Now, though, with the opening of Primo's Parrilla, Argentine asado has come to the neighborhood, as authentic as it can get some six thousand miles from the pampas.
Growing up in Argentina, Primo's Parrilla owner and asador Javier Sandes learned early on that food was what brought the family together. His father grilled; his mother cooked, and everyone, friends and extended family alike, would gather around the table to talk and laugh and eat. Good meat, like good chimichurri sauce, was always there, rubbed simply with salt and cooked slowly over the coals so the fat melted into the meat, basting it from within.
When Sandes moved to the Bay Area, he brought with him his father's grilling skills and his mother's love of feeding a crowd. Soon he was making Argentine-style barbecue in the backyards of friends all around Oakland. One of those friends was Walker Bass, who told Sandes that he really should go into the barbecuing business full-time. Bass, along with Sere Peterson and Hammad Atassi, became an investor and part of the team, and soon Primo's Parrilla was born: a truck-and-grill operation bringing lunchtime asado to the people of Emeryville five days a week. (The truck, the crew and the meat are also available for private parties and events.)
The first day, a guy who lived in the neighborhood showed up, having followed his nose--and the wafting allure of meat and smoke--from six blocks away. "The smoke is our best advertisement," laughed Sandes as he spread glowing hardwood coals (a mixture of almond wood and mesquite) under a grill laden with butterflied chicken, whole tri-tips, and fat Italian sausages from Molinari's. Grilled, split and grilled again, the sausage is tucked into a chimichurri-smeared roll to make choripan ($9)--a frequent daily special that always sells out.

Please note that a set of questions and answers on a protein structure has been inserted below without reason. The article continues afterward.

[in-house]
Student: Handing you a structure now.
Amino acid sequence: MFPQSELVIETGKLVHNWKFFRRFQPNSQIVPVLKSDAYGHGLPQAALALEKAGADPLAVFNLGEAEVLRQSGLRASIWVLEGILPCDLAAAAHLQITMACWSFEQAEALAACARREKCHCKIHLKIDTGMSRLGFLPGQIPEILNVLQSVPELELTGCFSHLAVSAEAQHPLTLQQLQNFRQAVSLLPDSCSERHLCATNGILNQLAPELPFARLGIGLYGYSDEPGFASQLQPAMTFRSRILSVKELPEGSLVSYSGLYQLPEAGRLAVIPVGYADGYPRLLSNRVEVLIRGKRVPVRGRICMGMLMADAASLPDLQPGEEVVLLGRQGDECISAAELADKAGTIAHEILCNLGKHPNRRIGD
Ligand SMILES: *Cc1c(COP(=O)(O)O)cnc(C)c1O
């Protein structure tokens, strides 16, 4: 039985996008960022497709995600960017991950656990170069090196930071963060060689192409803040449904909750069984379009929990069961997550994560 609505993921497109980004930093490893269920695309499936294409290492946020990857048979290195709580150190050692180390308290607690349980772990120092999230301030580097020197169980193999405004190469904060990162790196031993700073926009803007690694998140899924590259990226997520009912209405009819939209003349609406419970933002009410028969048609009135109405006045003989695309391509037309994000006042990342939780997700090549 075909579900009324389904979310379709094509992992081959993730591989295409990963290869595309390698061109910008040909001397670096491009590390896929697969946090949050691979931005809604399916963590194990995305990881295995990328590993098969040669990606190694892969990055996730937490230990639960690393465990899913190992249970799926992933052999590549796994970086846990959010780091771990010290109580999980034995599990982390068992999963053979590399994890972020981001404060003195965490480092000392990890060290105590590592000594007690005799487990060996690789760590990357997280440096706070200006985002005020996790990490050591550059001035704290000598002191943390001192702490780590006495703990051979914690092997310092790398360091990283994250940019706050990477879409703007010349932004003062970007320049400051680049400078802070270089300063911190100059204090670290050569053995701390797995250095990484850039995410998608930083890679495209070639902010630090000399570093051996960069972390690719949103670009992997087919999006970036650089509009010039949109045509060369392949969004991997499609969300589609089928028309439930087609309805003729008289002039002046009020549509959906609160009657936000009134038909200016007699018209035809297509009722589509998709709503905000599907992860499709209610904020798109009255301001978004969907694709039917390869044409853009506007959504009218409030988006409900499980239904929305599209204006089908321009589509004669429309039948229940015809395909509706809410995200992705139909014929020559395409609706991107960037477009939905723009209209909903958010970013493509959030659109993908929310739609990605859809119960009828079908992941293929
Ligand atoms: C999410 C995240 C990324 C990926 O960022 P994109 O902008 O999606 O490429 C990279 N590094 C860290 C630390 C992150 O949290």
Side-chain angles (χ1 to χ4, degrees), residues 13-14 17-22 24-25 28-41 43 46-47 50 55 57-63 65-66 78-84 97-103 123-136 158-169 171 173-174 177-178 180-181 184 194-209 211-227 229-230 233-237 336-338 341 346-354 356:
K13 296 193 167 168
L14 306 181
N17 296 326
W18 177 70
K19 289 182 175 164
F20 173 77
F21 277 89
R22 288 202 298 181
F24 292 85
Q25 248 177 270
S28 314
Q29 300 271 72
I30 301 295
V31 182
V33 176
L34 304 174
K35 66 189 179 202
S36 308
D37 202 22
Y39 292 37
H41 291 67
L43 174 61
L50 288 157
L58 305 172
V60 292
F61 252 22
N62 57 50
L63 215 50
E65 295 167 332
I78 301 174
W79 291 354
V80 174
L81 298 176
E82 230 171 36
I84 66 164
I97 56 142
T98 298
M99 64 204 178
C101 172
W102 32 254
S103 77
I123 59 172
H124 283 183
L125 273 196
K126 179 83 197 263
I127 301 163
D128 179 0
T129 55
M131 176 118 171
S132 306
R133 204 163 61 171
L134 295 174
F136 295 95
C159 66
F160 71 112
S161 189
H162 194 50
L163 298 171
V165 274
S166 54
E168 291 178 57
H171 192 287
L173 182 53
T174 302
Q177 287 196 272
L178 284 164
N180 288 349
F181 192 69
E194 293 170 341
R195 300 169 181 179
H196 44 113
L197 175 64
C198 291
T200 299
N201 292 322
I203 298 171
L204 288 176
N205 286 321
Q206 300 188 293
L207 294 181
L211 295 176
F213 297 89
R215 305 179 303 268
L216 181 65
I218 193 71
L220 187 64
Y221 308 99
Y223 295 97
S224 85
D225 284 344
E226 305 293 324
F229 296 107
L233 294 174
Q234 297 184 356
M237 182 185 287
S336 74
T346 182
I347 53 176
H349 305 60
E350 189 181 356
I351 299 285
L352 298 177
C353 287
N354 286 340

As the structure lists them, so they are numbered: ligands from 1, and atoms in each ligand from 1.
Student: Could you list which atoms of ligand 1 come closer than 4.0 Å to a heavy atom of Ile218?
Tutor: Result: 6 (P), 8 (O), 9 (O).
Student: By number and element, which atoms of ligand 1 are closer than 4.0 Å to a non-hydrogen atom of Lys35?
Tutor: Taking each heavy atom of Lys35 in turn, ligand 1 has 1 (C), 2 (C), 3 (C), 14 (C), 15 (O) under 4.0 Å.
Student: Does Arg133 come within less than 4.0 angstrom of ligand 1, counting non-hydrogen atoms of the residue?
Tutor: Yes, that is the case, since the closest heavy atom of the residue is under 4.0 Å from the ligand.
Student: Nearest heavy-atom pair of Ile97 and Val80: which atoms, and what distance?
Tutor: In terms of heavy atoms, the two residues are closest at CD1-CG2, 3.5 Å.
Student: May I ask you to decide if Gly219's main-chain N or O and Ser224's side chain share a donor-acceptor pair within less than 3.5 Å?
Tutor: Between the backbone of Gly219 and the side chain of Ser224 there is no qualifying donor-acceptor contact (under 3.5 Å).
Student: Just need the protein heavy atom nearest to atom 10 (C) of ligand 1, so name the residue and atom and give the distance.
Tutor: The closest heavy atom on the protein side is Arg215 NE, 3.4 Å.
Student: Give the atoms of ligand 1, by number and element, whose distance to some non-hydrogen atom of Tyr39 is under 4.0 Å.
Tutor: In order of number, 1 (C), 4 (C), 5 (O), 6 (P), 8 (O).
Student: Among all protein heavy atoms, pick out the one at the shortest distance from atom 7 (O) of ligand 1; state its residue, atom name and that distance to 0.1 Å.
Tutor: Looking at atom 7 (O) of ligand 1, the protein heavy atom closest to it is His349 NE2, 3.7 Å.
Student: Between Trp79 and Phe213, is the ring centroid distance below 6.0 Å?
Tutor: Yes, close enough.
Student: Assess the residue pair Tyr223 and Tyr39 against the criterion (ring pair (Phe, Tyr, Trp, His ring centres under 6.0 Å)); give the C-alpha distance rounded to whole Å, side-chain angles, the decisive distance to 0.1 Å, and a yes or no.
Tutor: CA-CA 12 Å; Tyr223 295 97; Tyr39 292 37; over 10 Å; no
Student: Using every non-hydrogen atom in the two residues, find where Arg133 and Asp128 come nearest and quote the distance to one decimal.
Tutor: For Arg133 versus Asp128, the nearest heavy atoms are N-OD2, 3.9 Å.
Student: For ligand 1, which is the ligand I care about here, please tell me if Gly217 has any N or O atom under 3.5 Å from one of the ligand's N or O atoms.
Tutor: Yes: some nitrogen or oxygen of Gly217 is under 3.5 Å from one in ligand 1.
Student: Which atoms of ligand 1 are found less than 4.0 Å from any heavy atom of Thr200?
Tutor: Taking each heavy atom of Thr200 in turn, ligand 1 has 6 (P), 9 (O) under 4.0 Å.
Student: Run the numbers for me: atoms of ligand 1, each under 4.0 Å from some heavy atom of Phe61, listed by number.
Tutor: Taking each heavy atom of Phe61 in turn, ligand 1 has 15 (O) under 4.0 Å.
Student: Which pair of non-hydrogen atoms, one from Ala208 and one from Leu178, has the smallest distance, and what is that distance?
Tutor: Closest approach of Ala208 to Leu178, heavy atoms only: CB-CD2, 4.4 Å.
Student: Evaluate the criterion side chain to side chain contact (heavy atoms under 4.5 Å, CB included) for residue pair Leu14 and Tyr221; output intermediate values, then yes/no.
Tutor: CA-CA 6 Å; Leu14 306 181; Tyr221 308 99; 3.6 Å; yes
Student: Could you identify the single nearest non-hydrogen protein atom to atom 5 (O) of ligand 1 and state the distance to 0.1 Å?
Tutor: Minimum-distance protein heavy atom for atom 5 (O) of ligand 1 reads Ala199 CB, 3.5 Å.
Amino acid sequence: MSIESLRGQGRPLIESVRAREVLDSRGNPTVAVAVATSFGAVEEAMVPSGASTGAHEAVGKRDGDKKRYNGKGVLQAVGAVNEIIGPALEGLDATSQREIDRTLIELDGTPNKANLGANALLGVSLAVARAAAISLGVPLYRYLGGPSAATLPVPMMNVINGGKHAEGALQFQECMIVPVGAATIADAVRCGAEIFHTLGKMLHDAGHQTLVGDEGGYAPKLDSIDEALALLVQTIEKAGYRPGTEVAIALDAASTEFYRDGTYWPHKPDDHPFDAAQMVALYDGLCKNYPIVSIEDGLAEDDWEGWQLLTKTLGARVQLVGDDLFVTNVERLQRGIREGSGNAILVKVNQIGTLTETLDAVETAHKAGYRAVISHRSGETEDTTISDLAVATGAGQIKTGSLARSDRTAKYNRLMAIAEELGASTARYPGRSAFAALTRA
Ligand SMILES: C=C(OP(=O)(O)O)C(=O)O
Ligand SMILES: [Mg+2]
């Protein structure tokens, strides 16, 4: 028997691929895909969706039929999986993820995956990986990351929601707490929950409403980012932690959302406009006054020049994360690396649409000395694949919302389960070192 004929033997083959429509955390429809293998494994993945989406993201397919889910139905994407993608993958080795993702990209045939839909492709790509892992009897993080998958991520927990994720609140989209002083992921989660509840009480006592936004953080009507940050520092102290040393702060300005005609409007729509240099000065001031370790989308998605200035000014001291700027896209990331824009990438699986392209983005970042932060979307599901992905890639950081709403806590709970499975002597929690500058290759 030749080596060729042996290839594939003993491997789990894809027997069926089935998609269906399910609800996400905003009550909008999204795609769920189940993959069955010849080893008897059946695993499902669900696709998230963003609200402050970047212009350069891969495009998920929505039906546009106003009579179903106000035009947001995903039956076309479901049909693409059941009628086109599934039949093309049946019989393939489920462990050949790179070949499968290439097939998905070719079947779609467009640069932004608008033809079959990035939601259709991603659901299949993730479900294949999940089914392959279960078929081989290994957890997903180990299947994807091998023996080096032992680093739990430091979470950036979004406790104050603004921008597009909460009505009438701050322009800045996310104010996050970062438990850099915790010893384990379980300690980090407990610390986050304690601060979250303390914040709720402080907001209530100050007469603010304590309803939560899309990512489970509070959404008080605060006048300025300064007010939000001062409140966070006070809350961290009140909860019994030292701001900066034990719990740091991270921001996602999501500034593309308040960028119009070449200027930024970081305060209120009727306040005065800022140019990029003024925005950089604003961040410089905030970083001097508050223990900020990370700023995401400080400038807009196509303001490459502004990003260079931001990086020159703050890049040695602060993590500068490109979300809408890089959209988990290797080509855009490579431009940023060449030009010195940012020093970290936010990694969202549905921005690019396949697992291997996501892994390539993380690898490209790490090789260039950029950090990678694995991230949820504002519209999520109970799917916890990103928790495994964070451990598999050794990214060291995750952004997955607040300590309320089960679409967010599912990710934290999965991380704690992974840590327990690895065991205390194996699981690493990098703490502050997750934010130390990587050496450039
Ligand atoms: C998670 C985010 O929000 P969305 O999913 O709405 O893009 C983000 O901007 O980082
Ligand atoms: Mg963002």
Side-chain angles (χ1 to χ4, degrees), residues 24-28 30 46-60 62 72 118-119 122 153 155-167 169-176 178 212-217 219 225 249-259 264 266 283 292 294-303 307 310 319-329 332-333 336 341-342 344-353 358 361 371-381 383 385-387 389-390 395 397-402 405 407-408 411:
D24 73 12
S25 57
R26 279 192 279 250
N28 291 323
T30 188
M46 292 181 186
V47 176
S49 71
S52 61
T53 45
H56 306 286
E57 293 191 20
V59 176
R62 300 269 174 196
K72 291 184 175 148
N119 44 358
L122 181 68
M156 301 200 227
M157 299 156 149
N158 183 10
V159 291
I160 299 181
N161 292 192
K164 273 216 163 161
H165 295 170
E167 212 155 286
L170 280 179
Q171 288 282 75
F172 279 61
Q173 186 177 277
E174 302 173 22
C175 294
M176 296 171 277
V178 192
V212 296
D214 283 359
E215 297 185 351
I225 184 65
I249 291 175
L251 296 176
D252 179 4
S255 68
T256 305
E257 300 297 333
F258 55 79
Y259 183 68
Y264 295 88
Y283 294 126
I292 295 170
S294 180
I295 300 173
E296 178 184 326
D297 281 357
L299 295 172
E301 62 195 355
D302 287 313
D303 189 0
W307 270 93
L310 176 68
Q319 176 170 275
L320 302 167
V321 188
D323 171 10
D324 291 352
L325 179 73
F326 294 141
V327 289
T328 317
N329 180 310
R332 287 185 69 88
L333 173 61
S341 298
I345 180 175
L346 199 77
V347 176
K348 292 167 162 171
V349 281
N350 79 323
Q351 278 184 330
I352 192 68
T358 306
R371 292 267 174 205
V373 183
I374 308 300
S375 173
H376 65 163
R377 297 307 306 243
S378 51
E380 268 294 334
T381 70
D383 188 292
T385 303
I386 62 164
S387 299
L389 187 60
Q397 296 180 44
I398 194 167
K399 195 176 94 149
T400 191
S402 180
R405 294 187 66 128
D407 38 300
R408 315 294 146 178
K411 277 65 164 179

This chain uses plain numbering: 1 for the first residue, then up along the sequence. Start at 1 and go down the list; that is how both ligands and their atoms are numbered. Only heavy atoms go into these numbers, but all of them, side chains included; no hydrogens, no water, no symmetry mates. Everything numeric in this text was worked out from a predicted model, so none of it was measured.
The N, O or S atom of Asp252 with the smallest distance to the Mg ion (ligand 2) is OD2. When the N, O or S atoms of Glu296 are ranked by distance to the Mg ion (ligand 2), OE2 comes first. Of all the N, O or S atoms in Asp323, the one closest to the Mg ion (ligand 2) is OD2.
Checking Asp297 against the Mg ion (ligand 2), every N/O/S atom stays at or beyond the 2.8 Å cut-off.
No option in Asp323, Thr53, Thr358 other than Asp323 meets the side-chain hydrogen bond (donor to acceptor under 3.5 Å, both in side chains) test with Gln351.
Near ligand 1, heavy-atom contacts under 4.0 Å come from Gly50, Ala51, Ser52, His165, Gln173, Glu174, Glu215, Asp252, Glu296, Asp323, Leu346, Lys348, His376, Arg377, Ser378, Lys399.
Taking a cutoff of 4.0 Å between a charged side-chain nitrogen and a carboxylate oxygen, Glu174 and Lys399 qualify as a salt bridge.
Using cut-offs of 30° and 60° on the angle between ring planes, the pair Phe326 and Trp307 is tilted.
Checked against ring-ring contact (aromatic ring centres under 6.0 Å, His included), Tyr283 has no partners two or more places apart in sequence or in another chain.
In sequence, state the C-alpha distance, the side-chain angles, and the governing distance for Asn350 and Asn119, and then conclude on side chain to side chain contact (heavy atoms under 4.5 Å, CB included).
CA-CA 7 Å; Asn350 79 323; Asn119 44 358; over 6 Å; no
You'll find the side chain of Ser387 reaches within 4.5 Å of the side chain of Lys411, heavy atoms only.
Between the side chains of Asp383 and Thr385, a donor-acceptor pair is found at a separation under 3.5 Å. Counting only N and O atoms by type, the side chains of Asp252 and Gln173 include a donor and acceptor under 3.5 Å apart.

Besides the choripan, there are hand-made, flaky-crusted empanadas ($3.50 each, 2 for $6), filled either with chopped chicken or a mixture of beef, onions, olives, and red peppers, redolent of cumin and similar to Cuban picadillo. Grilled chicken ($10), juicy and moist, is finished with splash of lemon juice, paired with a generous scoop of mashed sweet potatoes flecked with spinach, a lively green salad dotted with red pear tomatoes, bread and a plastic cup of vibrant chimichurri, without which no meat could be served in Argentina. Similar to Italian salsa verde, it's a chunky slurry of minced parsley, garlic, olive oil, and hot pepper. "This batch has aged for about 3 weeks," Sandes points out. "It just gets better the longer it ages."
The real piece de resistance, though, is the tri-tip ($12), with a well-muscled chewiness and a deeply beefy flavor. It's grass fed, pasture-raised meat from Tallgrass Beef, the closest Sandes can get to Argentine beef in this country. And for dessert? Alfajores ($2), flaky cookies oozing dulce de leche, made by local bakers Dolce Vita.